I have lately noticed a tendency, at least in the US, for sports commentators to change nouns into verbs. For example many American football broadcasters will now say a player "lost contain" of another player instead of "he lost containment." This seems to be improper usage. Is this an example of our language evolving to simpler terms, or is it limited to sports?
Yes, this is a trend that is becoming more and more common, but it's not a new thing. There are lots of examples of nouns becoming verbs, e.g. you can 'gift' a present to someone. And you come back from a presentation with 'learnings' (the things you learned). Both of those are way older than you'd expect.
But verbing nouns and nouning verbs is pretty productive in English and has been for a while. This is usually ascribed to English lacking a lot of inflections that would normally differentiate a verb from a noun, so the same form works for both. But frankly even in a highly inflected language, like Latin, there's always a way to have inflections change to give the root in a new part of speech (e.g. amare - to love amor (love itself) ).
Some word-smithing professions have a culture of invention and sportscasters are one of them. So you're likely to hear all sorts of innovative things from them.
Have you ever noticed that some words are both nouns and verbs? I'm sure you can probably think of many such words (here's a list although it's by no means comprehensive). Usually this happens because the verb was formed from the existing noun, or the noun from the verb (and sometimes it's another part of speech that's the origin of both the noun and verb forms). This process has always happened in English.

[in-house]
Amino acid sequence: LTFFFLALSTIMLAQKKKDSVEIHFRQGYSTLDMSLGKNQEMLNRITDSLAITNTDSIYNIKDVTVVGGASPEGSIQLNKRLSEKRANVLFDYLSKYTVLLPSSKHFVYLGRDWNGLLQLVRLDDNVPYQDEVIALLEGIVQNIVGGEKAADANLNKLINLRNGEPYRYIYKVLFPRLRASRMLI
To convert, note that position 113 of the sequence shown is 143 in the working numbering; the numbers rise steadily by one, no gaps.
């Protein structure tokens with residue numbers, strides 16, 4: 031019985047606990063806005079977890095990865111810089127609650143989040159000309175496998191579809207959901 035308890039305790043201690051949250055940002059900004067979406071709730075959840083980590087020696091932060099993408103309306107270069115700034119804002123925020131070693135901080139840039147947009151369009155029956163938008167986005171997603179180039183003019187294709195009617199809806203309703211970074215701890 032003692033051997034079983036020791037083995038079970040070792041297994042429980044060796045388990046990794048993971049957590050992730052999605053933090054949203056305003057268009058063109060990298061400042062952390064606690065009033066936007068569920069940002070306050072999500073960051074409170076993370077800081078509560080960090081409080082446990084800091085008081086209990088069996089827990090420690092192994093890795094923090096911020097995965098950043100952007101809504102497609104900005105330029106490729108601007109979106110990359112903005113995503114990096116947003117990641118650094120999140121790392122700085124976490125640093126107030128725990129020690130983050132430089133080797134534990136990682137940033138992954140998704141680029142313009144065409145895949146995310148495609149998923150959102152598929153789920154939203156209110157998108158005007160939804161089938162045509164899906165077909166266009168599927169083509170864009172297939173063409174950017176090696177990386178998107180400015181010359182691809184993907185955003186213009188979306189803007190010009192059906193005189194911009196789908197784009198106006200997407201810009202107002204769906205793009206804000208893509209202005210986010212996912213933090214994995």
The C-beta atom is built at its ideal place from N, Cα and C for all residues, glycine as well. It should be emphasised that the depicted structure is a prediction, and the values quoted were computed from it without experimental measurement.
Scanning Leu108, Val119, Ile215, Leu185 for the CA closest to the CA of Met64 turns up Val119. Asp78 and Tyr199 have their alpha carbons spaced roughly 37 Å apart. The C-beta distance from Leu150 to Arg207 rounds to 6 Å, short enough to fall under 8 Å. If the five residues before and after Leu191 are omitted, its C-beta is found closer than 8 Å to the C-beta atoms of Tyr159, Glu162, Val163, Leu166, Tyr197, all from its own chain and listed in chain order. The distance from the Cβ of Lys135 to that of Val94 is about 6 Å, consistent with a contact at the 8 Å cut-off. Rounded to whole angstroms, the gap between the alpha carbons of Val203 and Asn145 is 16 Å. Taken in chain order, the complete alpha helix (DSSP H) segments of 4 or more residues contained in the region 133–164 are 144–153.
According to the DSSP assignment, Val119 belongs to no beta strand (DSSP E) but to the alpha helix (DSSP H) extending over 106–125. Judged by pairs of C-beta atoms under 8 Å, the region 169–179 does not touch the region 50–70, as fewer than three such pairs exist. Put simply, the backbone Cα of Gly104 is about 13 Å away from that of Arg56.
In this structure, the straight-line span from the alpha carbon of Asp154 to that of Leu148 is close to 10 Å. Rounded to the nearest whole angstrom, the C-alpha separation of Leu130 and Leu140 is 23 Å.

The process is called "conversion" or (if the word becomes a verb) "verbing":
Technically, this very common process in English is known as conversion: it converts a word into a different part of speech.
One particularly common form of conversion is using nouns as verbs. This specific process is called verbing.
Oxford Dictionaries: Verbs from nouns
According to this source, conversion is so popular in English because English has so few inflections.
For example, the OED says that "window" (verb) comes from "window" (noun). The earliest attestation the OED has for "window" as a verb is Shakespeare's Antony & Cleopatra.
Another example is "pepper", which was formed from the noun at some point in Old English according to the OED.
However, the example in your question doesn't sound right to me for one reason: blocking. Because there is already a noun (containment), we don't need another noun.
I personally don't care that this isn't a discussion form, there isn't enough traffic on this site for it to matter to me.
With that said I would say it is an evolution of language, but I would argue it is not necessarily a simplification. I imagine if this continues both words will fit into a preferred context, rather than one replacing the other.
This is all opinion and I have no credentials.